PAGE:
From the American Bookseller's Association:
Though Borders is not a member of the American Booksellers Association, we are always saddened when any bookstore closes. The industry – whether independent bookstores, publishers, or readers – does not benefit from the diminishment of places to browse, discover, and buy books.
However, despite the doom and gloom expressed by some about the future of full-service bricks-and-mortar bookstores – and, while we don’t underestimate the challenges that lie ahead – ABA believes that the indie bookstore model is well positioned for the future.
ABA membership numbers have stabilized; the vast majority of ABA members are coming off the best holiday season they have had in years; and, we’ve partnered with Google to allow our members to offer e-books through their websites.
As book buyers and readers are facing a skyrocketing number of books vying for their attention – with more and more demands on their time – our members’ customers are telling us that, now more than ever, they appreciate the care independent stores take in choosing the titles to stock, and that the curated selection in our stores can’t be found elsewhere.
In addition, more and more consumers appreciate the fact that our members are locally owned and have long-standing and close ties to their communities. They understand that by shopping in an independent store they are making sure that far more of their spending dollars recirculate back into the community. Shopping locally supports the small businesses that are creating jobs, directly fuels local growth, and helps preserve the special things that make each American community unique.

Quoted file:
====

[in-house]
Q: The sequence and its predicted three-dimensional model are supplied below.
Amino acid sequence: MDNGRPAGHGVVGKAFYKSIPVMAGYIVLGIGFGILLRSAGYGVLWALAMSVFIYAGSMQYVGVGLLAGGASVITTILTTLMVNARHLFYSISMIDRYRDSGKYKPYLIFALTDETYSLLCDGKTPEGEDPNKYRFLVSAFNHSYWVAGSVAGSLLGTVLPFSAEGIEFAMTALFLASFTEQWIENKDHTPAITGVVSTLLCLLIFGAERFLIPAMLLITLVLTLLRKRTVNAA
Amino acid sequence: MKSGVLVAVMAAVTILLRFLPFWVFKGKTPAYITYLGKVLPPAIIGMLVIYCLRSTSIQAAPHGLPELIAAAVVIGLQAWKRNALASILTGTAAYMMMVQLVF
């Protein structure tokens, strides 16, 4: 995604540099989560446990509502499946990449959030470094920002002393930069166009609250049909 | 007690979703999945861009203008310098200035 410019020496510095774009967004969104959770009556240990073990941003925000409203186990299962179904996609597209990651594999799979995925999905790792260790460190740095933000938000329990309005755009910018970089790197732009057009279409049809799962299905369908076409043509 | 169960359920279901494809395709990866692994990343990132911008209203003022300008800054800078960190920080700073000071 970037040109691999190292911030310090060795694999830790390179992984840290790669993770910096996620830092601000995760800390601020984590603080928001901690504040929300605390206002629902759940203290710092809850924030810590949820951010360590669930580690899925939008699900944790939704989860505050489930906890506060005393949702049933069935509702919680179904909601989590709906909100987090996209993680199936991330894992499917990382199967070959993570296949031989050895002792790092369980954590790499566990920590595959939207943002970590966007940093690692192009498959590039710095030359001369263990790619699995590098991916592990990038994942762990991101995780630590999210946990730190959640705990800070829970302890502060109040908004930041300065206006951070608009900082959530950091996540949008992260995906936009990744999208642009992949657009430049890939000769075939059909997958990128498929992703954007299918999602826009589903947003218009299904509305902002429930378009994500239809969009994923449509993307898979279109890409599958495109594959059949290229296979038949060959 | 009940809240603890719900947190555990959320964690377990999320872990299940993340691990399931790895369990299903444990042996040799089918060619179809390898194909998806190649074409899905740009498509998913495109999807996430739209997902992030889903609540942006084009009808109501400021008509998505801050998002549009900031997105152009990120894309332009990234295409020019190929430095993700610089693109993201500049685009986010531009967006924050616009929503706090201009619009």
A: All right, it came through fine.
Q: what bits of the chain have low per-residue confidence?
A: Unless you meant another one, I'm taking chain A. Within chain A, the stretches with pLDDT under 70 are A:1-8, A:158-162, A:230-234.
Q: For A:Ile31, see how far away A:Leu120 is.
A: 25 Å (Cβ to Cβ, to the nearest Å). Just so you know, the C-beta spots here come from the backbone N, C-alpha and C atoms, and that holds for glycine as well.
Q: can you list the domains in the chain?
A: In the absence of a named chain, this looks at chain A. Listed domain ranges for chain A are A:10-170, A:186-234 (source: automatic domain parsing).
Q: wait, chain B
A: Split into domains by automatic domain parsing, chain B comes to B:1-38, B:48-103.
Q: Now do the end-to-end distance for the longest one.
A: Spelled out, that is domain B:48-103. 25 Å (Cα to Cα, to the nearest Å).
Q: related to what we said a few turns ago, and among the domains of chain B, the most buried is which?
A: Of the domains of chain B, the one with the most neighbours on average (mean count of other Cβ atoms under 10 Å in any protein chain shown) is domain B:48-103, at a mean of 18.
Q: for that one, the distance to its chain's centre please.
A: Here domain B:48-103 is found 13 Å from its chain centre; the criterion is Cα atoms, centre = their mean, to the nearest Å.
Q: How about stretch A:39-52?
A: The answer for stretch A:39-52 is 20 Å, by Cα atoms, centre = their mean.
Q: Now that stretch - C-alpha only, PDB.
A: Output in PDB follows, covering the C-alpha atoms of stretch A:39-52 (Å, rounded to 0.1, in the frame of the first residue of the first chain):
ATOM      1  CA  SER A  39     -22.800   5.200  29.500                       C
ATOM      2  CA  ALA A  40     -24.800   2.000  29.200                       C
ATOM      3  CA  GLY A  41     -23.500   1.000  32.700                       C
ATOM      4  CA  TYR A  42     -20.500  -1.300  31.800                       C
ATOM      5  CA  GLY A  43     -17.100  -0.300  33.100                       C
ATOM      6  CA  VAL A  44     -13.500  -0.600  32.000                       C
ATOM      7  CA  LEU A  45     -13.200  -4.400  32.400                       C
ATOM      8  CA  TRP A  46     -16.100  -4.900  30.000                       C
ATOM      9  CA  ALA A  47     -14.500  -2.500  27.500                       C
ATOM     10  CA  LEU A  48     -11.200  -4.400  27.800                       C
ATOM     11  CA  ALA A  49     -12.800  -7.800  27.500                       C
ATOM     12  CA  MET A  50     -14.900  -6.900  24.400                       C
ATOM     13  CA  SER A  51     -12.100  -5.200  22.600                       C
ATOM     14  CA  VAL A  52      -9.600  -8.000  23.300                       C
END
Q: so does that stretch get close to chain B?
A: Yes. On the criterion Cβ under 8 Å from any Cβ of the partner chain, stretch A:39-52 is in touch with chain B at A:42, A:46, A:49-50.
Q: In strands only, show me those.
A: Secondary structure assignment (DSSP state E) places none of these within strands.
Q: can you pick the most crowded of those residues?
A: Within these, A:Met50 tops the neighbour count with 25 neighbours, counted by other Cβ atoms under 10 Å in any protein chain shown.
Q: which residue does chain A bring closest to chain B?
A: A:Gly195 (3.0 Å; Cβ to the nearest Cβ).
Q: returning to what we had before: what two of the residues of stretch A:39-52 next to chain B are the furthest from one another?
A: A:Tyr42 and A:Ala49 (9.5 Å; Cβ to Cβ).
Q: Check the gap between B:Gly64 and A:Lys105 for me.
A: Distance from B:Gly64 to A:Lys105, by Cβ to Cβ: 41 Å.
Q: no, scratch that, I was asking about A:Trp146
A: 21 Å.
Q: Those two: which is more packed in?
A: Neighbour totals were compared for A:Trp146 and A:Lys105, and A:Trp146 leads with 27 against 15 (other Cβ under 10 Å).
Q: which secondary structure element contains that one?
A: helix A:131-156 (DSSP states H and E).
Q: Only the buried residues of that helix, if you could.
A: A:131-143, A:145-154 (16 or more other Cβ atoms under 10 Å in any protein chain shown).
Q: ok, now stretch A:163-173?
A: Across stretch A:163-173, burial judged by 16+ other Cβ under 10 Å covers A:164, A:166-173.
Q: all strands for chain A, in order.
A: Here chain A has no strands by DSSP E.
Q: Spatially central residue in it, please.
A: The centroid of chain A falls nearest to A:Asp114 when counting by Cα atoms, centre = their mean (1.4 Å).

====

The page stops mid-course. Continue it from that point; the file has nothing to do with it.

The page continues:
Looking ahead, we know that indie stores will have to continue to work hard and stay nimble and innovative. No matter what may appear in the headlines today, and understanding that the circumstances leading to the current situation facing Borders is very different than those of independents, we believe that our members will continue to offer their customers a unique shopping experience they can’t find anywhere else.
From Paul Kozlowski, a long-time, serious book person, currently working for Other Press:
10 reasons Borders should croak
1. To remind publishers that their industry consists of making books first, spreadsheets second.
2. To allow a host of talented book people to get back to work in adapting to new technologies and financial terms, instead of nursing a sick and contagious retailer.